Rated | Alphabetical
Thou Shalt Not Kill... Except
Josh Becker, 1987, USA
Moving pictures were never intended to be used as they are in Thou Shalt
Not Kill... Except. This ain’t no B-movie. In fact, you’d have to go fishing
for consonants around the letter Q to assign it an appropriate alphabetic
rating. Oh sweet Lord, is this a bad film! There’s no story to speak of, I can’t
recall any of the characters' names, and Sam Raimi plays a “Manson-esque” cult
leader who terrorizes a group of extras who look like they're concerned about
being late for their real jobs.
Four buddies from the Vietnam War get together to relive some old times and
shortly find themselves as the only defenders of a small town under siege from
what appears to be a combination of motorcycle scum and some sort of cult. The
Magnificent Four, these winners aren’t. Let me slow down here. At a svelte 84
minutes, the film begins by detailing the group’s adventures in Vietnam. For
some reason, this goes on for about 20 minutes -- a quarter of its running time
-- which is odd because the story is supposed to take place in the U.S. (Here’s
a novel idea: Use flashbacks next time!)
Anyway, as three of the group make their way to meet up with their old buddy,
they stop off at a bar and get into a scuffle with some of the aforementioned
motorcycle scum. Look for one of our heroes to bust out some karate moves that I
don’t think were in the script. I only say that because every time he executes
one of his unpatented flying kicks, he just about falls down and props himself
up with the grace of a 45-year old hooker rising from her battle-scarred knees
off a garbage-strewn street after servicing a man named “El Fuego.” Anyway, he
ain’t too graceful. Chick Norris, you got nothin' to worry about.
So before you know it, the guys all meet up, the townsfolk have been taken
captive by the motorcycle dudes and the Sam Raimi-led cultists, and the local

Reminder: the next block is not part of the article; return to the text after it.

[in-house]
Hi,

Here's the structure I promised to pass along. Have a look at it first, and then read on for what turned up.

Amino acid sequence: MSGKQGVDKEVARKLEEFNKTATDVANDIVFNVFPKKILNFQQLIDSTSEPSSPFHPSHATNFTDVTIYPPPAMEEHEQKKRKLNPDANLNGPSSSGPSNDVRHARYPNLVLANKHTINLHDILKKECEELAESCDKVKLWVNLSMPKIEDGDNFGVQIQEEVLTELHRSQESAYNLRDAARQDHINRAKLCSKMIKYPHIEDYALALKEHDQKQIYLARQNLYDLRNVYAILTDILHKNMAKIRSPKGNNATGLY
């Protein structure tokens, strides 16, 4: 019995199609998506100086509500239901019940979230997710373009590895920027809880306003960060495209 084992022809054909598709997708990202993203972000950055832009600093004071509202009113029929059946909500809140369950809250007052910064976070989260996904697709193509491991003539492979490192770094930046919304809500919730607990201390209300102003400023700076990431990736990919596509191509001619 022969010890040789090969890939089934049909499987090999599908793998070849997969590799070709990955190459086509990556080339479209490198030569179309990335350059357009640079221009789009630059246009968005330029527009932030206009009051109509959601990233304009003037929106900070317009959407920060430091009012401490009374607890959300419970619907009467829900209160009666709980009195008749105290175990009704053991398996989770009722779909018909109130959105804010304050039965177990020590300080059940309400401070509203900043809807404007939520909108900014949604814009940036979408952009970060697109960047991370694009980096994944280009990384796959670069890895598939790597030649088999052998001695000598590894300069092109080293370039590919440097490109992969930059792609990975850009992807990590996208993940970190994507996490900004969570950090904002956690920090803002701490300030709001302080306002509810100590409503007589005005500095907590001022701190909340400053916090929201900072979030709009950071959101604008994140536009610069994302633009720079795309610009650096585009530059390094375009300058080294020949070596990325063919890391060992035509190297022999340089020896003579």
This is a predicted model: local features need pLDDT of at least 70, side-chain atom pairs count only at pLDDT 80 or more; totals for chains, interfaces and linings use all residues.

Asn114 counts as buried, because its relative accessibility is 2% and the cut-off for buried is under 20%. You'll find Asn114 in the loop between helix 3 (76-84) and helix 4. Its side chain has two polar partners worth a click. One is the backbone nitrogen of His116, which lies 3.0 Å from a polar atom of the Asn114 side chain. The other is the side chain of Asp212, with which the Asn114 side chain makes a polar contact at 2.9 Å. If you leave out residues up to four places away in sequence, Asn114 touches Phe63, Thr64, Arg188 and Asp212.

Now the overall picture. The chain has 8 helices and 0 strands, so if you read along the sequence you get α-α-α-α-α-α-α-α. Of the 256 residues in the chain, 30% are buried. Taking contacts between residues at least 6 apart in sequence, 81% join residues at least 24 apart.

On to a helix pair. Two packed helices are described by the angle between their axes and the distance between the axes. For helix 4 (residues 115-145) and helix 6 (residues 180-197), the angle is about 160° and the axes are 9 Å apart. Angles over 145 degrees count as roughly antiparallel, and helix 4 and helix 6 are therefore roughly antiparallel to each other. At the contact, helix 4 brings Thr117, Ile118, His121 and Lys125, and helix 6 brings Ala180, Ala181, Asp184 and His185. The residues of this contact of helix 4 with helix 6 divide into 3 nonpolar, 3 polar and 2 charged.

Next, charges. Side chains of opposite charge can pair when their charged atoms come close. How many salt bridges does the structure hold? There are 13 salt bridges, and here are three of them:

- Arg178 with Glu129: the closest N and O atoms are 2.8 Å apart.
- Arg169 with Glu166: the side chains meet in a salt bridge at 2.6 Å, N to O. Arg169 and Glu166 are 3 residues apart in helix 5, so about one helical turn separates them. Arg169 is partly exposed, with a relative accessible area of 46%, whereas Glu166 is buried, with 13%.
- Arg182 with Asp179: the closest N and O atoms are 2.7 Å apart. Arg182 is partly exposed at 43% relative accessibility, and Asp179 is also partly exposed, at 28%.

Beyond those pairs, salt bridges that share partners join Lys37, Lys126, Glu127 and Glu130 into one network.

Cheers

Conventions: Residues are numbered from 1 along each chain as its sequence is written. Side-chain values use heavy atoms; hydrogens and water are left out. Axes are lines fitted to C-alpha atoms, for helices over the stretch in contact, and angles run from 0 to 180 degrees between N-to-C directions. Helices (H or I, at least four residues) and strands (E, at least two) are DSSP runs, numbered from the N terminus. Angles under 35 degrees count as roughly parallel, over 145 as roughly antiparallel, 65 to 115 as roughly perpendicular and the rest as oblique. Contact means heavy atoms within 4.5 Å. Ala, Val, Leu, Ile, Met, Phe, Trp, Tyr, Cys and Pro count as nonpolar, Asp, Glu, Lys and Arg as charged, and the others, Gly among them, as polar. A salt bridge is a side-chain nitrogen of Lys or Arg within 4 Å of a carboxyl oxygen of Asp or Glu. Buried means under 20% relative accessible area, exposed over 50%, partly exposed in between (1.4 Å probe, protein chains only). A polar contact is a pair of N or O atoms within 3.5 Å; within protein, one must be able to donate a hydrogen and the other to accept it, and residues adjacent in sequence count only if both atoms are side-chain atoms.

Sheriff has been tied to a pole and killed with lawn darts (I kid you not). All
that stands between mindless, unprincipled anarchy and blessed democratic
freedom is our group of buddies. So, after they all get good an' liquored up,
one of them breaks out a crate of rifles and issues one to each member, and they
take to the woods to engage in some of the worst fight and chase scenes ever
projected onto a screen.
But here’s the thing. Thou Shalt Not Kill is so very bad, and
really never makes a serious attempt at being more that it is, that there is
some merit in its abject failure. There is value in this offering, and it lies
in embracing both the genre and the quality (or lack of it) of the film. Simply
put, it's so very bad that it is hard to stop watching. It's the proverbial
train wreck that you have to watch.
I’ve often said that I respect a group of dudes with a dream who put forth a
less-than-quality effort, but these cats... I mean, really! There's a poorly
executed dream, and then there's this. Simple words are not enough. It defies
categorization -- and common sense, and good taste, to boot. I'm tempted to mail
Sam Raimi a copy right now with a note implying that it might find itself in the
hands of the media if I'm not offered a juicy, high-paying part in the next
Spider-Man movie. Move over, Thomas Hayden Church!
Bottom line: Thou Shalt Not Kill is a celebration of the bad movie. If
you approach it in any other fashion, you will be dooming yourself to
disappointment. If you ever wanted to invite a few friends over and get drunk
and while you all goof on a film, well, then this is the movie for you.
design copyright © 2001-2011 Shaking Through.net. All original artwork,
photography and text used on this site is the sole copyright of the respective creator(s)/author(s). Reprinting, reposting, or citing any of the original
content appearing on this site without the written consent of Shaking
Through.net is strictly forbidden.